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Strain Counterstrain



What is SCS? 

 Strain and Counterstrain, originally called “positional release technique,” was developed in 1955 by an osteopathic physician named Lawrence Jones. He is one of the co-founders of the Jones Institute. In observing a skilled Strain and Counterstrain practitioner you will immediately be impressed with how gentle and non-traumatic this technique is for treating the painful patient. A clinician is quickly able to assess the entire body for areas of pain and dysfunction.


How Does It Work? 

 Strain and Counterstrain is a manual therapy technique, meaning the clinician uses only their hands, to treat muscle and joint pain and dysfunction. Recent research has shown that nearly all painful conditions are accompanied by inflammation of the fascia. Fascia is the connective tissue that is abundant throughout the entire body. It covers all nerves, arteries, veins, muscle and internal organs of the body; in other words, fascia is everywhere throughout the human body.(Visualize biting into an orange wedge – the webbing that holds those individually wrapped pods is similar to our fascia). Strain Counterstrain uses passive body positioning of spasmed muscles and fascia toward positions of comfort or ease that compress or shorten the fascia. Relaxing the fascia in this way resets the reflex loop between brain and muscle that is producing the muscle spasm.  This forces an  immediate reduction of tone  back normal levels. The joints influenced by the now relaxed fascia can function optimally, increasing their range of motion and easing pain. Strain and Counterstrain is an effective but extremely gentle technique because it moves the patient’s body away from the painful, restricted directions of motion, not into it.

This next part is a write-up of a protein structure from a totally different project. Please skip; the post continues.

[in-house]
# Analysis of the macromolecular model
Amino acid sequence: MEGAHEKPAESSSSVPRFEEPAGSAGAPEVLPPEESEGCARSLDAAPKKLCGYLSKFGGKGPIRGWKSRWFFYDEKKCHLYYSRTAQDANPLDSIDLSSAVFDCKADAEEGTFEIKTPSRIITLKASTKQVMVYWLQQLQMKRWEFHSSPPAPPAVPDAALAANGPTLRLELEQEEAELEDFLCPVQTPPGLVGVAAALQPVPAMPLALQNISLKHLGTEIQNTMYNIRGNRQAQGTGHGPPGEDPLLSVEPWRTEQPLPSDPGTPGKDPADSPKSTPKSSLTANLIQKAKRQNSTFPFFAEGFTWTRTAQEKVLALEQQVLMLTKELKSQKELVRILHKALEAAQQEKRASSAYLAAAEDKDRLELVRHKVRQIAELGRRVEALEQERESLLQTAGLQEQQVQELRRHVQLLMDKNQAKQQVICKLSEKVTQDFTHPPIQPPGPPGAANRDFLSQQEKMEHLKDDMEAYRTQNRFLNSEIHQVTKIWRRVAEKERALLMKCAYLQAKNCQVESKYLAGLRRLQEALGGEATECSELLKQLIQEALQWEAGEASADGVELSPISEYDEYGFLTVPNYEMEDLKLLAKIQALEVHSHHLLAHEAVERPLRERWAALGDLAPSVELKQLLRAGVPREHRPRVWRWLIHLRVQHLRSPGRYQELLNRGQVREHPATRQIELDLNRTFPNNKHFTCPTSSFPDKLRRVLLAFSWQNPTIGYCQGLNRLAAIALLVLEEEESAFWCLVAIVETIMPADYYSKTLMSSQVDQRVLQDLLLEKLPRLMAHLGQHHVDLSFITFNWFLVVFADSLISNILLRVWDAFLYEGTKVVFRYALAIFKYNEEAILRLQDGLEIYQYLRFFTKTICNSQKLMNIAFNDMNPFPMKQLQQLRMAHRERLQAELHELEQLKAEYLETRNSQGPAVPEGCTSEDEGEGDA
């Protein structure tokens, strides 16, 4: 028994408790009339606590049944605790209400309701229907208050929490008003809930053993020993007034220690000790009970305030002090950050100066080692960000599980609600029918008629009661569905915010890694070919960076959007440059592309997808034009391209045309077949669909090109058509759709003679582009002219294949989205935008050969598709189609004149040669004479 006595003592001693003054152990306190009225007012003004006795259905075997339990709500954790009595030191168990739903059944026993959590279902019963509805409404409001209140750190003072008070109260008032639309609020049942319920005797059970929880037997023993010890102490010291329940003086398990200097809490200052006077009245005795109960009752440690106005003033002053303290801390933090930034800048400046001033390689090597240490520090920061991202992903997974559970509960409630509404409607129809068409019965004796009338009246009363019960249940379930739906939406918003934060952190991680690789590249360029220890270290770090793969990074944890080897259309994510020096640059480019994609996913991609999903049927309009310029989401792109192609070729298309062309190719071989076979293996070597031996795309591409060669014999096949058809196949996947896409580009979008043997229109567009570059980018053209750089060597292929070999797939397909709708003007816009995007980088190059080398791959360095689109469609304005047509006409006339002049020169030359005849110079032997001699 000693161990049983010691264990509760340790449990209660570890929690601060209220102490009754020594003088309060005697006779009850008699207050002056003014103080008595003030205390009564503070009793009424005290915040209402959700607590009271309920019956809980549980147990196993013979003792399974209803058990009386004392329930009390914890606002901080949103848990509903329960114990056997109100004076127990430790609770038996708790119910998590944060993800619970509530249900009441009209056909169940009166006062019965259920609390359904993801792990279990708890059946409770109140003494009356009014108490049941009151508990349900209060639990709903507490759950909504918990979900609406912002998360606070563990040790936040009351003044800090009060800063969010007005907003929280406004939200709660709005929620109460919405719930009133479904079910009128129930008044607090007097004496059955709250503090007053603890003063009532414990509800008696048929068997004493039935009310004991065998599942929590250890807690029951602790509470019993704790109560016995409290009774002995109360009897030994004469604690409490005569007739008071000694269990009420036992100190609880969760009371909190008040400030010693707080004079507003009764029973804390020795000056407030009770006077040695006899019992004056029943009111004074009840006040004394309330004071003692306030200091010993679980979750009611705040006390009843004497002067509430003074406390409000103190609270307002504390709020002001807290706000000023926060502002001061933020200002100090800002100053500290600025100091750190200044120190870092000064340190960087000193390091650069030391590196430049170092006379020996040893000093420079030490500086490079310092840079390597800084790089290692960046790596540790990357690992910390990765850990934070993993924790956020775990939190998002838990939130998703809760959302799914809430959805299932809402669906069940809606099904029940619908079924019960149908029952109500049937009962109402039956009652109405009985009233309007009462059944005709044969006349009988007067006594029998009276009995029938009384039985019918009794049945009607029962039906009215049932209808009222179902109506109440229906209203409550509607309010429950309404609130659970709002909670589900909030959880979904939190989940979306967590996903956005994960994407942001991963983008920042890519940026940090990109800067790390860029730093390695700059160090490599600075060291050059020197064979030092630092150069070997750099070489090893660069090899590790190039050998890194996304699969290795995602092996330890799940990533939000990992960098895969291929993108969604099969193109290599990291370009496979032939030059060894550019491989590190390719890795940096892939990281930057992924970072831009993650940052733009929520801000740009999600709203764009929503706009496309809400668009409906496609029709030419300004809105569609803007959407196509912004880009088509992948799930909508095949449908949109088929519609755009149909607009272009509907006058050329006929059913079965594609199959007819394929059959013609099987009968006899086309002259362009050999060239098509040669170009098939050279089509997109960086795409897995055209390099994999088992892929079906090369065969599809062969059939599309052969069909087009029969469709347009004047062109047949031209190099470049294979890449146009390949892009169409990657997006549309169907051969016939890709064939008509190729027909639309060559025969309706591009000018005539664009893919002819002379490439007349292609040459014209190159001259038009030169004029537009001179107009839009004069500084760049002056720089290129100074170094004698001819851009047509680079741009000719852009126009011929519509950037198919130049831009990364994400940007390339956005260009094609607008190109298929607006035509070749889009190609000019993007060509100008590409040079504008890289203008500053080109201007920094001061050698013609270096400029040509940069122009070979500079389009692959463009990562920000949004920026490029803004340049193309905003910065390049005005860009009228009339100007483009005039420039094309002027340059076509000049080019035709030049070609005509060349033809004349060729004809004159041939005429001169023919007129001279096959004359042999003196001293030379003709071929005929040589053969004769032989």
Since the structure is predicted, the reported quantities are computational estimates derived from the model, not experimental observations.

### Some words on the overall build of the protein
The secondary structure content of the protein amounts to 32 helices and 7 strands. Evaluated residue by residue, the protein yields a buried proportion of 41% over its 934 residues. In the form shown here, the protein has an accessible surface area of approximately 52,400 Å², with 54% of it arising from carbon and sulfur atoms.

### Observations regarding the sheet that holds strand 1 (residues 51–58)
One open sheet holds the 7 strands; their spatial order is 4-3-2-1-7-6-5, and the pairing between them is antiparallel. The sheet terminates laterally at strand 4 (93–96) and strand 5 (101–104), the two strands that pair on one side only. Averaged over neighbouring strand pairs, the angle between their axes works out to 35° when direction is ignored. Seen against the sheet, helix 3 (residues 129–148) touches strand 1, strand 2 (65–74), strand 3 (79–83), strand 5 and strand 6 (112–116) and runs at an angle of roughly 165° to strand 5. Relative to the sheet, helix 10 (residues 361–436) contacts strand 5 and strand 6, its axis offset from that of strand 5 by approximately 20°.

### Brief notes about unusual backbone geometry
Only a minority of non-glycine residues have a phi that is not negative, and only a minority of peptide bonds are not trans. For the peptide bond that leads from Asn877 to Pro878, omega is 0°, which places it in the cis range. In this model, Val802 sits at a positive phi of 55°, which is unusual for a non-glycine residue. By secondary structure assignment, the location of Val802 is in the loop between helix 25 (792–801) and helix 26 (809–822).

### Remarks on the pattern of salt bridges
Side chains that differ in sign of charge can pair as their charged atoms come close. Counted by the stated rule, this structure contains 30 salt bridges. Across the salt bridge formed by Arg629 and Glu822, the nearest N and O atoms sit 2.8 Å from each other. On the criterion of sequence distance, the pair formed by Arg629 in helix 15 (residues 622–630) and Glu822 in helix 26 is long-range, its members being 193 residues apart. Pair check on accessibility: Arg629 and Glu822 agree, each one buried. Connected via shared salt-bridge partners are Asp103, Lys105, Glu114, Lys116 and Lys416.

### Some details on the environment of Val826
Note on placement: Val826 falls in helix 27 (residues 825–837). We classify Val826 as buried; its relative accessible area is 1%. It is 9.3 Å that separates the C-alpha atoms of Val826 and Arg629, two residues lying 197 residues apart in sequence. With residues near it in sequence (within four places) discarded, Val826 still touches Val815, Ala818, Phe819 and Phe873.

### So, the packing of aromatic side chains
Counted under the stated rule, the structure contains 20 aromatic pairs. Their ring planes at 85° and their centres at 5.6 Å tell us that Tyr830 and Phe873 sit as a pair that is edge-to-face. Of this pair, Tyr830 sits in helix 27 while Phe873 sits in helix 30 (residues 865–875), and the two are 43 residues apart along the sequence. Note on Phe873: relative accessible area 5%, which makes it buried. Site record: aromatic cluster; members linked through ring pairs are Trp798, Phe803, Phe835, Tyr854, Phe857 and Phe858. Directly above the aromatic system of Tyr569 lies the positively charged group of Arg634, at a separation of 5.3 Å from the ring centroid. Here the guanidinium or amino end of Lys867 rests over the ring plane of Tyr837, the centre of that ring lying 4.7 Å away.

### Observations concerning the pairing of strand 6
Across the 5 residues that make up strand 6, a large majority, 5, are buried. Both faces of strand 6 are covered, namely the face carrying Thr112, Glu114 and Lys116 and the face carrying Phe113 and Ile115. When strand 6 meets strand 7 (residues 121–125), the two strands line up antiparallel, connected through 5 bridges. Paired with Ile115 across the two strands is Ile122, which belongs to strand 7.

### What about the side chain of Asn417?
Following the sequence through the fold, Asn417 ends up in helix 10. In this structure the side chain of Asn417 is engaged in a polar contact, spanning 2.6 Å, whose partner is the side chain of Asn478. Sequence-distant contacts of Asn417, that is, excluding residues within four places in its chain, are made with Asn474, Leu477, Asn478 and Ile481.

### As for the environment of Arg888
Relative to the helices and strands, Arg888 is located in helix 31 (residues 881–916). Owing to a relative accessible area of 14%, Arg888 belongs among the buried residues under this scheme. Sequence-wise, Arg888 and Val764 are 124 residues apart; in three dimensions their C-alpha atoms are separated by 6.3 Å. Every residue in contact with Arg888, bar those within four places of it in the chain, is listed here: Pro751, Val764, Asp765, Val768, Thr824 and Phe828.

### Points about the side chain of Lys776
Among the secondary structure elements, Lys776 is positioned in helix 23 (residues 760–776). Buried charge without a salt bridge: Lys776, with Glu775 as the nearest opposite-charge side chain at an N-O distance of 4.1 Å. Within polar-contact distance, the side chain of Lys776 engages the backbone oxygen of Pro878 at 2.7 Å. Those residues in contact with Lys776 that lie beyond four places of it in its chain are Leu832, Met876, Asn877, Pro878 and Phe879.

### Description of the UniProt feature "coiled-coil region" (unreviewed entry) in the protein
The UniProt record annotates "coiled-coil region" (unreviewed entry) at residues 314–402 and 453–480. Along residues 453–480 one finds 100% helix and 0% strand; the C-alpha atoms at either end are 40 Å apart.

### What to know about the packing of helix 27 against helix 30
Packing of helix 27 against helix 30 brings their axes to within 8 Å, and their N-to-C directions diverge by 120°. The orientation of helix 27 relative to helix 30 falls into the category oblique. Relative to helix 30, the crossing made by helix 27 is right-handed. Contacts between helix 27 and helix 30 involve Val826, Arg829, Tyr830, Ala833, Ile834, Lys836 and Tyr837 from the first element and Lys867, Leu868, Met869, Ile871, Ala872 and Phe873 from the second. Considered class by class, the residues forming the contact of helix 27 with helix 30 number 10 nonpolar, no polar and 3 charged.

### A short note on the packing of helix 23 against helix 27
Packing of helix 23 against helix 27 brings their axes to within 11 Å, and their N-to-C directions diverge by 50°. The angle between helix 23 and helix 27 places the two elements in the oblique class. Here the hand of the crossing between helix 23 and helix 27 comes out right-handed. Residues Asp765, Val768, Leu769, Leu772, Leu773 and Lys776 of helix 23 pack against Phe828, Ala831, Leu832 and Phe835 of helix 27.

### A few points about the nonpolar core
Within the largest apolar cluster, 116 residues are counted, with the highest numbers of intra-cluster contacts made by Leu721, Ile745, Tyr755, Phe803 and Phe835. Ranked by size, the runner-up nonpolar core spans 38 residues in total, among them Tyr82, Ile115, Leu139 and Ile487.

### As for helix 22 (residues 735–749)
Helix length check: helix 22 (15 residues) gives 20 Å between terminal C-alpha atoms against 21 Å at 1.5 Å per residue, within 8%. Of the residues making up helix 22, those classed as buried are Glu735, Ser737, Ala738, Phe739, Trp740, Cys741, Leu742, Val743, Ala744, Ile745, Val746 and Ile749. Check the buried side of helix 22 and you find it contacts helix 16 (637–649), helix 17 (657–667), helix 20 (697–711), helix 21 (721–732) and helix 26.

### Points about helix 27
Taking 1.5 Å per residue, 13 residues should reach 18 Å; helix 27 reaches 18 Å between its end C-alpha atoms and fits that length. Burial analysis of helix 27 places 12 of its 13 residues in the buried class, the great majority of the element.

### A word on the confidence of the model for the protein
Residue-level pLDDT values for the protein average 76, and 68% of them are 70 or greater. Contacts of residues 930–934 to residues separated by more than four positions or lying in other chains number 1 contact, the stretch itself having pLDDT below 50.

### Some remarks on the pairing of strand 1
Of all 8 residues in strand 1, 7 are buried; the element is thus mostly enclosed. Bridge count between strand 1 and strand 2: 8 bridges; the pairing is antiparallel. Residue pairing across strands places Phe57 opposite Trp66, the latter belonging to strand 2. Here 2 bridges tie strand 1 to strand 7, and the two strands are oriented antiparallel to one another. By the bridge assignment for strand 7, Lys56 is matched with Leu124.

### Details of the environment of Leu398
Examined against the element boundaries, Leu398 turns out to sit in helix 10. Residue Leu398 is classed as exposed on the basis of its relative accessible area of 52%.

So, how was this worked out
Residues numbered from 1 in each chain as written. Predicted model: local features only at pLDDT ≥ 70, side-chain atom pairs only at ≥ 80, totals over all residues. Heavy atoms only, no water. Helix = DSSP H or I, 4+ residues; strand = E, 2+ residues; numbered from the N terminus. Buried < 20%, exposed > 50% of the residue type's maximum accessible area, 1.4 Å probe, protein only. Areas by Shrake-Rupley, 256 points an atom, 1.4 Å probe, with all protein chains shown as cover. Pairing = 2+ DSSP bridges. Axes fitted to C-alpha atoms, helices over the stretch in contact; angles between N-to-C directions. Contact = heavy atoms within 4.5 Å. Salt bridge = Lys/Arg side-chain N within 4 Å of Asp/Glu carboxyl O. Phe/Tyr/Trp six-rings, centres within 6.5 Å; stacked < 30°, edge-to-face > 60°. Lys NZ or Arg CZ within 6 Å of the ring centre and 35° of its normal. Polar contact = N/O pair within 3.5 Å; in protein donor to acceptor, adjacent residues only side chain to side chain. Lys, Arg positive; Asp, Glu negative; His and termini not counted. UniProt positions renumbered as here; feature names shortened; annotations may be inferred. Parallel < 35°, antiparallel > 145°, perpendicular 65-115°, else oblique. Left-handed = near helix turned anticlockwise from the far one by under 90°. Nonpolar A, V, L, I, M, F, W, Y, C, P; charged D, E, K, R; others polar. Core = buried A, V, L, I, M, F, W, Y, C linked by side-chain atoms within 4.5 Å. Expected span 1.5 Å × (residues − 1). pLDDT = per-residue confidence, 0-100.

Who Can Benefit From Strain and Counterstrain? 

 Strain and Counterstrain has an extremely broad application for physical ailments and can be used for the very acute traumas (i.e., sports injuries, motor vehicle accidents, ankle sprains, post-surgical, etc.) to the more chronic (i.e., arthritis, back pain, TMJ pain, headaches, etc.). Its value with the acute patient is unmatched because it is so gentle and non-traumatic. The therapist is guided by what feels good to the patient and often dramatic changes are made in decreased pain, muscle guarding, and swelling. These changes facilitate the patient’s healing processes for a faster and complete recovery. The gentleness of strain and counterstrain makes it safe and effective for treating fragile patients (i.e., infants with torticollis, elderly patients with osteoporosis, stress fractures, pregnancy or pelvic pain patients, post-operative pain, etc.) and the pain associated with excessive joint motion or hyper-mobility. Strain and Counterstrain is valuable for the chronic pain patient because it will treat out longstanding neuromuscular problems reducing the tone of  muscles in spasm. By diminishing the spasm, muscle pain is abated and joint function is normalized. 


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